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How to Photograph Water Drops with One Speedlight

Ever notice those cool water photos that drop into the Strobist Flickr Pool?

Water droplet photography is very easy to get started with, and you can get as complex as you want. There are three tricks to making beautiful, time-scultped water pictures with a single small flash: Light placement, timing and flash duration.

More, plus two videos, inside.

Water Photography Basics

(Very cool water drop photos by Andy W., top, and Steve P., both from the Strobist Flickr Group pool. Click the pic for bigger versions.)

First tip: You are not lighting the water. Since water is a specular object, you are lighting what the water reflects. So you light the area (most likely the backdrop) that you see reflected in the still water from your camera position

As for timing, that one is easy -- just take the junk mail approach. Lots of water drops, lots of repetition, and something cool and unpredictable will come back. This is part of the fun. Just make sure you get your technical stuff down pat first, so when that perfect moment happens, you'll have a winner.

Last, and speaking of technical stuff, you will want shoot in a (relatively) dark environment so the flash pulse can effectively be your shutter speed.

The first video below (a basic how-to) suggests a setting 1/16th power. That's a pretty fast pop -- about 1/11,000th of a second for an SB-800, for instance. But you can get even faster times if you drop the power further. And when freezing a drop of water, microseconds matter.

The tradeoff? Aperture vs. pulse length. You will need enough power to get you enough aperture to carry the depth of field you want. But don't overdo the power to get excess aperture, as that'll needlessly stretch the pulse length of your flash.

In lighting, everything is a tradeoff.

Check out this excellent "how-to" video below, by Gavin Hoey. (RSS and email readers may need to click on the post title to view the videos.)

See? Easy, fun and cheap if you can get that flash off-camera.

And these same techniques can be amped up to yield more amazing photos. Artist Martin Waugh has built a career out of making art from drops of water. If you are into this kind of stuff, make sure to check out his amazing gallery to get a glimpse of just what is possible.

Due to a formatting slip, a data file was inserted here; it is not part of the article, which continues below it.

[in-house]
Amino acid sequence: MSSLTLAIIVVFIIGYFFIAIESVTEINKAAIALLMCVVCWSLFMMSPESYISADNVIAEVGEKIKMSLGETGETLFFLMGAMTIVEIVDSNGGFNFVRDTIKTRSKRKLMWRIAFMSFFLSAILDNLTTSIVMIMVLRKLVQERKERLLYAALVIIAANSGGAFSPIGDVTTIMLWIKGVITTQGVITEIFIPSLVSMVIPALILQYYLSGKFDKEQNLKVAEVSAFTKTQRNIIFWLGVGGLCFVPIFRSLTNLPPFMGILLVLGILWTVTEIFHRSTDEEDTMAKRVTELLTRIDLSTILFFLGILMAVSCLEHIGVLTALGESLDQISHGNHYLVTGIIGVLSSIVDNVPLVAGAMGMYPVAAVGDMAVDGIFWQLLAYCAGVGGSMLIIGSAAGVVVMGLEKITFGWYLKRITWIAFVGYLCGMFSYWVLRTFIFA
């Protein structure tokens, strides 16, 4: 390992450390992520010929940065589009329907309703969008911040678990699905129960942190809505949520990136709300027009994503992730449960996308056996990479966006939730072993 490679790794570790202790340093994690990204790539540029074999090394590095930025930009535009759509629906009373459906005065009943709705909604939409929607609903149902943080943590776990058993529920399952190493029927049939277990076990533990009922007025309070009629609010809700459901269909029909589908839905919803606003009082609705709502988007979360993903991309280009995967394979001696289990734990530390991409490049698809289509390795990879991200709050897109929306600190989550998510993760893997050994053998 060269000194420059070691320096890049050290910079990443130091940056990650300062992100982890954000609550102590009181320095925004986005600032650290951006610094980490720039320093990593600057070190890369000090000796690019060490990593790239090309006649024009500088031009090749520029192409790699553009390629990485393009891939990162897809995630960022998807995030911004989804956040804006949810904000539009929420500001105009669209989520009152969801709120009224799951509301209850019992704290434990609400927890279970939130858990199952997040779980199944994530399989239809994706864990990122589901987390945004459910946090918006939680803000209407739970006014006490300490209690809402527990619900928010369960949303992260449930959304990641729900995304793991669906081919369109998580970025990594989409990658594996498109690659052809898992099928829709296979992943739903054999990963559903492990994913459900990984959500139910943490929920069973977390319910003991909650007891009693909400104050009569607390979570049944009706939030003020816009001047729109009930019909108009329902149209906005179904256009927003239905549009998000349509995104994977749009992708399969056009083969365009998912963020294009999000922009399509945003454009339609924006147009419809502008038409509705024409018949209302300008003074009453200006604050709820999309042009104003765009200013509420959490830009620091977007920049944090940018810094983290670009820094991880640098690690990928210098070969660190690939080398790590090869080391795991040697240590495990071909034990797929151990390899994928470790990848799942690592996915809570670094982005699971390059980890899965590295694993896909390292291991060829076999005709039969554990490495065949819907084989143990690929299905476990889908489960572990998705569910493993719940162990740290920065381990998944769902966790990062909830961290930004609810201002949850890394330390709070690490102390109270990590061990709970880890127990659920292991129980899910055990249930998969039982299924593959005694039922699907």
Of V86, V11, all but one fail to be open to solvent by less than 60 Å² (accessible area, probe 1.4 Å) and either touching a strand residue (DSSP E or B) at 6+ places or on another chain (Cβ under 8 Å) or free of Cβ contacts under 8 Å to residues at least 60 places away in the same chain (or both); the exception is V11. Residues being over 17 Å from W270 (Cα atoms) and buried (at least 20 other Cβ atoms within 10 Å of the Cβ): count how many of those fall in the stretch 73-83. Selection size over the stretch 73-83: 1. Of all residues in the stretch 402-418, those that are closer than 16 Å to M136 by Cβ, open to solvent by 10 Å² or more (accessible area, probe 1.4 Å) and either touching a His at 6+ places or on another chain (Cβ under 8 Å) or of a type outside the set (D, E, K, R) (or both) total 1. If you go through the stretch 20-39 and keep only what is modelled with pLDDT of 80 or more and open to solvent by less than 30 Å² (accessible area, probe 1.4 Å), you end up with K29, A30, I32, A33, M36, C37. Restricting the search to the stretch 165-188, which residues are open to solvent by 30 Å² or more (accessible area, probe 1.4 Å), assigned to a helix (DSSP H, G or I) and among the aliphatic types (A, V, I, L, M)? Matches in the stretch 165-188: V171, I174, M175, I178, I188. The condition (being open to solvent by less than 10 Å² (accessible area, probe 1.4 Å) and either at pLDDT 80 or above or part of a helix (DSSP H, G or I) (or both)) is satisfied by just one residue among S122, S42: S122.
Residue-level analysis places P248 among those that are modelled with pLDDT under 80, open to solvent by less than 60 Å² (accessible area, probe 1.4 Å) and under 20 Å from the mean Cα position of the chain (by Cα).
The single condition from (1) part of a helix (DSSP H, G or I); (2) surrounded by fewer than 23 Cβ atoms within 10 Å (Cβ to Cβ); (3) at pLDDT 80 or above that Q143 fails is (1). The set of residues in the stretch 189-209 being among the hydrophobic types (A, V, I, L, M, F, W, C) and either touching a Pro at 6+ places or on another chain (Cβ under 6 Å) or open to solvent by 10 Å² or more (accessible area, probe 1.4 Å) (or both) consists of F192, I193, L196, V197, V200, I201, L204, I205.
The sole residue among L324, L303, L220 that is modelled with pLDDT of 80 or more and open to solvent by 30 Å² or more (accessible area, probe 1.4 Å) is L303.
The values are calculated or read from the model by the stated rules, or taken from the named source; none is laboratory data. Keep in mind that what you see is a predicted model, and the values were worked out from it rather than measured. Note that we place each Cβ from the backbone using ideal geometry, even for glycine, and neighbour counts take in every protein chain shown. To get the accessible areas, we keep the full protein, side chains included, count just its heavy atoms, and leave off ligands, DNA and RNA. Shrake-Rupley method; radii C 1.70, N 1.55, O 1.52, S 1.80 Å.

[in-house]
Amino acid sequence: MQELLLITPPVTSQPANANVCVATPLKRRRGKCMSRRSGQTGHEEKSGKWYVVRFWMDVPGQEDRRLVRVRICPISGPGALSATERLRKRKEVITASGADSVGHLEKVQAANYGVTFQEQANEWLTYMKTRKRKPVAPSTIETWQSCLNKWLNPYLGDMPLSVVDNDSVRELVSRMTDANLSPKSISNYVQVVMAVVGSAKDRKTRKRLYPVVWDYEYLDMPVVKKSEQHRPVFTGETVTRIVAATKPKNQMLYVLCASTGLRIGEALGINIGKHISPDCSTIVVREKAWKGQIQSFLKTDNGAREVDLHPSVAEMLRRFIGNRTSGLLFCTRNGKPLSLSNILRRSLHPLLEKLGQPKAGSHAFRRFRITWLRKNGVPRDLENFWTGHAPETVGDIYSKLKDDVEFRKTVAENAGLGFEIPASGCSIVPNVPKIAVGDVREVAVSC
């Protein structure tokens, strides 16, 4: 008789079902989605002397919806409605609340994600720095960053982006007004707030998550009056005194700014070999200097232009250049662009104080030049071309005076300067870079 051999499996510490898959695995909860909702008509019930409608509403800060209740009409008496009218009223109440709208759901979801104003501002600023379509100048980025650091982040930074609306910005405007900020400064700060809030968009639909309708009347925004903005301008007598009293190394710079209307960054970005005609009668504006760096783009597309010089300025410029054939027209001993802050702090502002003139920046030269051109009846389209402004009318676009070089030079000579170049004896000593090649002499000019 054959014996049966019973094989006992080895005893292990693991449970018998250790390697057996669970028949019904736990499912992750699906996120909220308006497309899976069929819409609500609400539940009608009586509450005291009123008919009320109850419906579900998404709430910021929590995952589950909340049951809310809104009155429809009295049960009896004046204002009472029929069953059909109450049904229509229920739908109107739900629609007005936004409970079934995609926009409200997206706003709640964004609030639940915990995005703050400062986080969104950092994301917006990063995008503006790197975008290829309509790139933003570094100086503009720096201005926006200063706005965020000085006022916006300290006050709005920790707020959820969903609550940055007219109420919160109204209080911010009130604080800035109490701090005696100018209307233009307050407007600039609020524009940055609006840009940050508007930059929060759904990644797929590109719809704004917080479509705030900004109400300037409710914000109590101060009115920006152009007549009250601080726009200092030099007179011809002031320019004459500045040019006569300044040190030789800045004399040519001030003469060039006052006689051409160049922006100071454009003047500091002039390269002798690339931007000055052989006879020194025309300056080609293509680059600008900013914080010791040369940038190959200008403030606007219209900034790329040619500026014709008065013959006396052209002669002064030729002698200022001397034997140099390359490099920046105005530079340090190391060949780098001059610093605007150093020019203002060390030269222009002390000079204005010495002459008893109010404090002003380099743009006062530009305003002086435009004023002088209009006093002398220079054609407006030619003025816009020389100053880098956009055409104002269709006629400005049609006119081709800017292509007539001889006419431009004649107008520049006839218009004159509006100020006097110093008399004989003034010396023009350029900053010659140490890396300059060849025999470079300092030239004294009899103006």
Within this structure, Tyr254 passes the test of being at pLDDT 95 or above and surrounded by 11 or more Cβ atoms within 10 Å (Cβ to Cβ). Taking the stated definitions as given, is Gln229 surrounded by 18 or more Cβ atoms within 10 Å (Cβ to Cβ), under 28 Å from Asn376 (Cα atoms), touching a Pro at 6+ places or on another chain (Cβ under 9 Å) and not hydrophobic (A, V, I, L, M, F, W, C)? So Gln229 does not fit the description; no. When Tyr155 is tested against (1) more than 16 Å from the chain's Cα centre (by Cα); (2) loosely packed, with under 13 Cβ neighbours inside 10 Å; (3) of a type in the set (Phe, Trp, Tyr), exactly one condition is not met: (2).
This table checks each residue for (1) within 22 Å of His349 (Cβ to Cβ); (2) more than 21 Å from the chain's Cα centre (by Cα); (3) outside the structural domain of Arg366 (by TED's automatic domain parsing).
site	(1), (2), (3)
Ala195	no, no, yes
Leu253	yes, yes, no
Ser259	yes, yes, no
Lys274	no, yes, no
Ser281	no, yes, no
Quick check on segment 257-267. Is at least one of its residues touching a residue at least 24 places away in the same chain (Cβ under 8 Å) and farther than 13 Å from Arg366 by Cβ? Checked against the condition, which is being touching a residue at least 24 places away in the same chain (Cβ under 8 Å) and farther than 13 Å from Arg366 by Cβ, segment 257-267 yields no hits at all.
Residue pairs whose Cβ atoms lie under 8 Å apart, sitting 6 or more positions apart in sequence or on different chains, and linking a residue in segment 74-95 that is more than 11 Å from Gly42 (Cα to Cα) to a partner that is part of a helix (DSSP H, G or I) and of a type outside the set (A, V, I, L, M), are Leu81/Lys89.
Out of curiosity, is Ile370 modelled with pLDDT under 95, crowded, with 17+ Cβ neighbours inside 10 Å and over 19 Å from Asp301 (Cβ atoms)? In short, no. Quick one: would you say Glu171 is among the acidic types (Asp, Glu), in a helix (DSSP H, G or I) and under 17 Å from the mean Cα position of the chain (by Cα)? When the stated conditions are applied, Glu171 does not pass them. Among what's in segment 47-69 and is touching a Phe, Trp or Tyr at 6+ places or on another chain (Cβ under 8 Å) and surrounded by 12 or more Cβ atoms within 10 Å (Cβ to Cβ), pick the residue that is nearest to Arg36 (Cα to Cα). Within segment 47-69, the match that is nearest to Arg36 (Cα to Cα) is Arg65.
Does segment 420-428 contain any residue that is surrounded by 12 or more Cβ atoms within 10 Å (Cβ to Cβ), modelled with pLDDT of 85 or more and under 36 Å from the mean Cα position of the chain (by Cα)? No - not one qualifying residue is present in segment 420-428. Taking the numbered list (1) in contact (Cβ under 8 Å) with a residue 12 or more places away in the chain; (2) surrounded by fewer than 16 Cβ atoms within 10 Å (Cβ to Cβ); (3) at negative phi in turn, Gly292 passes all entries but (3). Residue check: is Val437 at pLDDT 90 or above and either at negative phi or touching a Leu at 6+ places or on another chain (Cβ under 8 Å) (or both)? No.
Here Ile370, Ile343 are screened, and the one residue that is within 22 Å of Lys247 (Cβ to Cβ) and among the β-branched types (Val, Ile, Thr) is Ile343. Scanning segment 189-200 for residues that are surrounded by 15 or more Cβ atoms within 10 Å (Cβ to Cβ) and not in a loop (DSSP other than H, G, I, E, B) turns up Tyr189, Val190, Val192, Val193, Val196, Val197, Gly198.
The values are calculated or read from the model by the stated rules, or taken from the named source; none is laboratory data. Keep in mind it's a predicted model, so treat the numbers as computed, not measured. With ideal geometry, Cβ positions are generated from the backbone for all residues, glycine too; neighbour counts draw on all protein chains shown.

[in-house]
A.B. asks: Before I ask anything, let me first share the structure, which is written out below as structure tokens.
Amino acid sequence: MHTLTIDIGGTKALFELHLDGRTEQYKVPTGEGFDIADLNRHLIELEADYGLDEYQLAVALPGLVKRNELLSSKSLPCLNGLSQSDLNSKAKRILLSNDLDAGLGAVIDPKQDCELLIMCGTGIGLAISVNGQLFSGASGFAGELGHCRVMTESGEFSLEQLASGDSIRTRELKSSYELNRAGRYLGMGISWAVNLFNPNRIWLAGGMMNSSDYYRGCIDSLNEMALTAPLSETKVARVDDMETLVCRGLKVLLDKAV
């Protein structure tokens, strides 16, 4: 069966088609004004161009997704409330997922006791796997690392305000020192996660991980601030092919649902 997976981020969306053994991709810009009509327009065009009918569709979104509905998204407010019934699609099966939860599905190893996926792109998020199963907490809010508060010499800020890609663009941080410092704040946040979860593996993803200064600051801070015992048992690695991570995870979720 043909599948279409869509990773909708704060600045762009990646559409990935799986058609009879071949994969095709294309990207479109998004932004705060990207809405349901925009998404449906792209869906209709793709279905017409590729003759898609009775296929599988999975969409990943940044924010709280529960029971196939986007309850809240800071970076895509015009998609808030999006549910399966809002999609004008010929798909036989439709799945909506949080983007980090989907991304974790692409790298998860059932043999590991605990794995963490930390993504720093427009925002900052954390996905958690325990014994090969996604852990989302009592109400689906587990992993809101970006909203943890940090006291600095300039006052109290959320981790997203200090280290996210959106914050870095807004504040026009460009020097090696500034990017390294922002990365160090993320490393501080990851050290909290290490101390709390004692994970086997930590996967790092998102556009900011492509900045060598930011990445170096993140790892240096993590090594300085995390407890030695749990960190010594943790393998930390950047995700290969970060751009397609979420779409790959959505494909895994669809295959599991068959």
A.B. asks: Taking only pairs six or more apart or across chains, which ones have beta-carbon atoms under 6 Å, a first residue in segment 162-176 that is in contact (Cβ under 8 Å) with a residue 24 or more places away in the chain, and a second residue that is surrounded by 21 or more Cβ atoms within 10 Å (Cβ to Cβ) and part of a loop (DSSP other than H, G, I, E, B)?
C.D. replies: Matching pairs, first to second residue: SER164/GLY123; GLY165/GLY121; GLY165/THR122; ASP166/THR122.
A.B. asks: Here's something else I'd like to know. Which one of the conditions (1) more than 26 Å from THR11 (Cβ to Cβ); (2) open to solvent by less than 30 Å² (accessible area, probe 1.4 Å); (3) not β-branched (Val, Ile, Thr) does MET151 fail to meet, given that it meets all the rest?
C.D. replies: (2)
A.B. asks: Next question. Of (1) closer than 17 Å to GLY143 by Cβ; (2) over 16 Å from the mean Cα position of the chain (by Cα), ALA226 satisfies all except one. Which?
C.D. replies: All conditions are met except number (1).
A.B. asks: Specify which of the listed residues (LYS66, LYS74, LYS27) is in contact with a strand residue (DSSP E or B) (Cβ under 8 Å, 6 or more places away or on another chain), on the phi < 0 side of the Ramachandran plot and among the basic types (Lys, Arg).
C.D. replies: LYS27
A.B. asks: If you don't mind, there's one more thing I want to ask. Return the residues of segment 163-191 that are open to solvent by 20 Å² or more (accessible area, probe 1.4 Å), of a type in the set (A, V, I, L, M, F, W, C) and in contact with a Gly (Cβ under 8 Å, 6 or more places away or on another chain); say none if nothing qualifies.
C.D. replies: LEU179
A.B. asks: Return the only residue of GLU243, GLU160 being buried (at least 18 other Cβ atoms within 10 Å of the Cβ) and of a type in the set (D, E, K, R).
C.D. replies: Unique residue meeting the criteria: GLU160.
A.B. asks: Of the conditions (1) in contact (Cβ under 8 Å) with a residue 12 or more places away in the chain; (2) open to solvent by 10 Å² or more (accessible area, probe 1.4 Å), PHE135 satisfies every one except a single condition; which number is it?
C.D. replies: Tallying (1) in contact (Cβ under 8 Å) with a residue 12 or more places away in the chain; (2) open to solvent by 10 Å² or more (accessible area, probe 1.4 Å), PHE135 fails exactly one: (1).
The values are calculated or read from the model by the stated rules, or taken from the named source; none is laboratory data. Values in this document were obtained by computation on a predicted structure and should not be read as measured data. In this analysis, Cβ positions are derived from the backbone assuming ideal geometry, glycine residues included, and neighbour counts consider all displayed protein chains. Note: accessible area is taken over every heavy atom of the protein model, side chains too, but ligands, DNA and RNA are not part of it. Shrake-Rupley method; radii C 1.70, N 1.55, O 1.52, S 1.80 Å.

Just below, a video featuring Waugh from a segment of the Discover Channel show, "Time Warp." These guys are filming in 10,000 frames per second, which is Chase Jarvis Kung Fu territory. At the end, they actually have drops colliding with splashes in mid-air.

This is worth the wait for full-screen HD. Especially at about the 5:50 mark. (And I see my same old Nikkor 55/2.8 macro on the high-speed camera.)

Other than the obvious cool factor, the takeaway for me from this video was a look into Waugh's lighting. Background gets one color, and the top light gets another. This way, you get multiple colors in the water depending on the angle of the water surface being reflected.

A very cool project for a rainy afternoon, IMO. Or even better -- offer to take the setup into you kid's science class at school and let them try their hand at stopping time to study how liquids behave.

If you decide to try it and upload to Flickr, be sure to tag your photos with the words, STROBIST, WATER and DROP and upload it to the Strobist group. That way, they will come up in this search and we can all see them. (Check it out -- there are already some killer shots there.)

Or if you would rather blog your water droplet lighting exploits for the whole world to see, make sure to include the intact phrase "strobist water drop" (no quotes) and we can all see it via this Google blog search.


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